DIY Taxidermy- Boiling a Skull

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DIY Taxidermy- Boiling a Skull

European mounts have become very popular over the last several years. Why? Affordability, space savings within the home, and simply the classic eye-catching look of a skull. In many ways, skulls are artistic in and of themselves. Plates of bone, separated by fissures, create ivory-colored, three-dimensional puzzles. Optic canals, incredibly complex nasal passages, worn teeth, and more are all clearly designed with a specific function. Add dark, sweeping antlers or horns, and a European mount can be the centerpiece of any studio.

Even if you don’t prefer the look of a skull mount, having your skull boiled prior to leaving the unit might be a requirement, depending on where you hunt or live. Here’s how to do it:

Recommended tools/supplies: Bridger Boiler, sharp stout-bladed knife, multi-tool, water, baking soda, Dawn detergent, 40 volume hydrogen peroxide, Basic White powder, and clear matte spray paint.

Remove all Flesh and Tissue from the Skull

  1. To remove the skin, simply cut through the skin from the throat to the nose, then straight over the top of the skull. With antlered game, make an additional cut between the antlers from burr to burr. Be careful not to press the knife’s tip too hard into the skull as you can score the bone itself. Touching the bone is fine, just don’t press too hard.
  2. Peel/cut the skin off each side of the skull. Use a flathead screwdriver to pry stubborn hide away and around the base of the antlers. Use pliers to grab and pull the hide if necessary.
  3. To remove the lower jaw, cut all connective tissue of the jaw muscles. The lower jaw extends at a 90-degree angle toward the eye socket, behind the eye. Cut all tissue on both sides of each jawbone, effectively disconnecting the working part of the jaw. Now, begin to force the animal’s mouth open. Keep spreading the jaws apart, cutting any remaining tissue, until the jaw, tongue, and throat become completely freed from the skull.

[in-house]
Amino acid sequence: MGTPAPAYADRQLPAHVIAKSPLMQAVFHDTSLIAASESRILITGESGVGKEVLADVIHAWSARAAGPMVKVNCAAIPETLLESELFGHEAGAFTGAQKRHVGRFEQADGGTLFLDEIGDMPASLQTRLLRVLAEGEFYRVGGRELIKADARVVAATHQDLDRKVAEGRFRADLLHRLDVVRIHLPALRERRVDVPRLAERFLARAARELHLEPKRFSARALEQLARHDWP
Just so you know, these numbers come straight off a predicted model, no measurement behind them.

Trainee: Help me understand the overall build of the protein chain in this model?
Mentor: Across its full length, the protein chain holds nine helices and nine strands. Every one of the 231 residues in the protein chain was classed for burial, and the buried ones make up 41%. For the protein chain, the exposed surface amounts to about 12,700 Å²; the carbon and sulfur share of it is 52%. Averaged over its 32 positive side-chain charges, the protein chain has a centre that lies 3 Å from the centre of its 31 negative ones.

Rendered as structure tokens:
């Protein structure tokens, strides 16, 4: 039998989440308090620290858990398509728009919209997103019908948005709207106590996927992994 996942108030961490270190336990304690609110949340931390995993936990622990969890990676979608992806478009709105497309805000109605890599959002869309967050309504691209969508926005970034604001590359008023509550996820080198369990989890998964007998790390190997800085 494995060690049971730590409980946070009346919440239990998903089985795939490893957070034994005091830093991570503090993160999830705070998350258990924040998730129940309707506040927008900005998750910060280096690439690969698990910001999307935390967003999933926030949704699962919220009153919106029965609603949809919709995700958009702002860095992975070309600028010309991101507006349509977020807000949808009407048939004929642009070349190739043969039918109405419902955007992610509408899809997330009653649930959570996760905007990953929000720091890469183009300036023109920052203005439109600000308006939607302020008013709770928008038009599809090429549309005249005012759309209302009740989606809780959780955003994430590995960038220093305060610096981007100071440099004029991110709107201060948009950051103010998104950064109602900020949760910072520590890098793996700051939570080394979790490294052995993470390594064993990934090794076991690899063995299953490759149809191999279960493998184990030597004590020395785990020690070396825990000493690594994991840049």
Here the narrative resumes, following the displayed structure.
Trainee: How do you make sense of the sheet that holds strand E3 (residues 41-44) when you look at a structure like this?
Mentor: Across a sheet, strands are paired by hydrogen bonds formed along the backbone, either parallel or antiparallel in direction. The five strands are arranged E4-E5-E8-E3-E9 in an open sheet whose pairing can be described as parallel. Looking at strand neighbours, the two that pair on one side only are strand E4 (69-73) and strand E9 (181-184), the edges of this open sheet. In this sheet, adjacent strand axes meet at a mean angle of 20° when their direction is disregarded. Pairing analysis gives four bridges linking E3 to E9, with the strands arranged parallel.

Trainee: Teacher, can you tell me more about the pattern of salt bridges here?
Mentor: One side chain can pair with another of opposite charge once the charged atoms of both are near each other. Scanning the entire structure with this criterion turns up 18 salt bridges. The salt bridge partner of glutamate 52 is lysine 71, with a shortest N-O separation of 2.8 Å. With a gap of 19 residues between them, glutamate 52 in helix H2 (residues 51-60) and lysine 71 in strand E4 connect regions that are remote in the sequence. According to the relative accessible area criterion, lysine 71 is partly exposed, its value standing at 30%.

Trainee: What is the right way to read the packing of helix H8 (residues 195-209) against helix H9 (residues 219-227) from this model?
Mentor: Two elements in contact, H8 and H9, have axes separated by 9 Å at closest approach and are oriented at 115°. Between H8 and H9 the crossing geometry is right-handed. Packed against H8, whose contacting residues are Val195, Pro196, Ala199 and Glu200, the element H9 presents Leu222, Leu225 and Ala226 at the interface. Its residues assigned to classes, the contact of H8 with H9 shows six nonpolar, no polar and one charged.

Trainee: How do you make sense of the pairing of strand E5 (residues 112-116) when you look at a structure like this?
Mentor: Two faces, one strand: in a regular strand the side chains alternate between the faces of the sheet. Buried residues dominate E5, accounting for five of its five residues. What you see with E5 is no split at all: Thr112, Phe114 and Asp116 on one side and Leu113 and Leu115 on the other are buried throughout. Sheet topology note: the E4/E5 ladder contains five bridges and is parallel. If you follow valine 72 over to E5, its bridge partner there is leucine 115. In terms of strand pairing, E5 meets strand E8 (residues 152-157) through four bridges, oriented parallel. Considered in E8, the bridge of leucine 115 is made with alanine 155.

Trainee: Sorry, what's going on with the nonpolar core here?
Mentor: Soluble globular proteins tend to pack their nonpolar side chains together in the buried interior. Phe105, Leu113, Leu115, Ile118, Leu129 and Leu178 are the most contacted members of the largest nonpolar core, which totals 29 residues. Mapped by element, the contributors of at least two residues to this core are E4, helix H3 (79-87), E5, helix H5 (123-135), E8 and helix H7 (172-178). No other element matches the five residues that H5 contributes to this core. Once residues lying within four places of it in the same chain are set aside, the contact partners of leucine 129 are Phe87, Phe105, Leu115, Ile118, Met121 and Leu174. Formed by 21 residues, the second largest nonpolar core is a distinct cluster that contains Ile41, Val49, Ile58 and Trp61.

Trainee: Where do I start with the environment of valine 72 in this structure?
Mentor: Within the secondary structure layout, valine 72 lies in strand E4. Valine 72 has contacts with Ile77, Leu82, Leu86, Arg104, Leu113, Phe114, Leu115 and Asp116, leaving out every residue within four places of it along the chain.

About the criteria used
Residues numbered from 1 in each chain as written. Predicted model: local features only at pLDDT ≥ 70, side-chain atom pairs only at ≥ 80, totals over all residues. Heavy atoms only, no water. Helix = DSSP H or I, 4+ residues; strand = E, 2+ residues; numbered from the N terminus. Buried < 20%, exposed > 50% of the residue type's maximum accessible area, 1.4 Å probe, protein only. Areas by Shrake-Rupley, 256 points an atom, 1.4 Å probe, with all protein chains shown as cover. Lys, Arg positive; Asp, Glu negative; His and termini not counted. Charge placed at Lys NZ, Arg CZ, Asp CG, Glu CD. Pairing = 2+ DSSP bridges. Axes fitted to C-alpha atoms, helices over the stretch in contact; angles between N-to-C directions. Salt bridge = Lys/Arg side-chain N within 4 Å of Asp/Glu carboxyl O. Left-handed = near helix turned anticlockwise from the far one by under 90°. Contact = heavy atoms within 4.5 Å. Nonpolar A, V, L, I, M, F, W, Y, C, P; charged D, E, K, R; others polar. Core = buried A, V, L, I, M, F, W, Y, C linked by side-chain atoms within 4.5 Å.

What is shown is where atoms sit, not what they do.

4. Trim ALL meat, fat, and connective tissue from the skull, as this will save boiling time.
  5. Remove the eyes by cutting the optic nerve, ocular muscles, and vessels. Keep cutting until you can grab the eye and pull it out of the socket.
  6. Removing the brain can be the most tedious part of the process. It is essential to remove the brain prior to boiling as the brain is about 60% fat. These oils will stain the skull if not removed prior to boiling. Being a soft organ, the brain will turn to mush if you vigorously swirl a long screwdriver/stick in the big hole where the spinal cord exits the skull. Once the brain is whipped, withdraw the gray matter with the tip of the screwdriver. That said, a much faster and more effective way to accomplish this is with the aid of a cordless drill and a hole saw. I use a two-inch hole saw for deer-sized animals and larger. Centering the center bit of the hole saw on the bottom side of the brain cavity, drill directly through the bottom of the skull. You’ll now have a two-inch hole to easily remove the brain. (This hole will only be visible if you look at the bottom side of the skull.) Use water to rinse the brain cavity of any remaining tissue, and prepare to boil.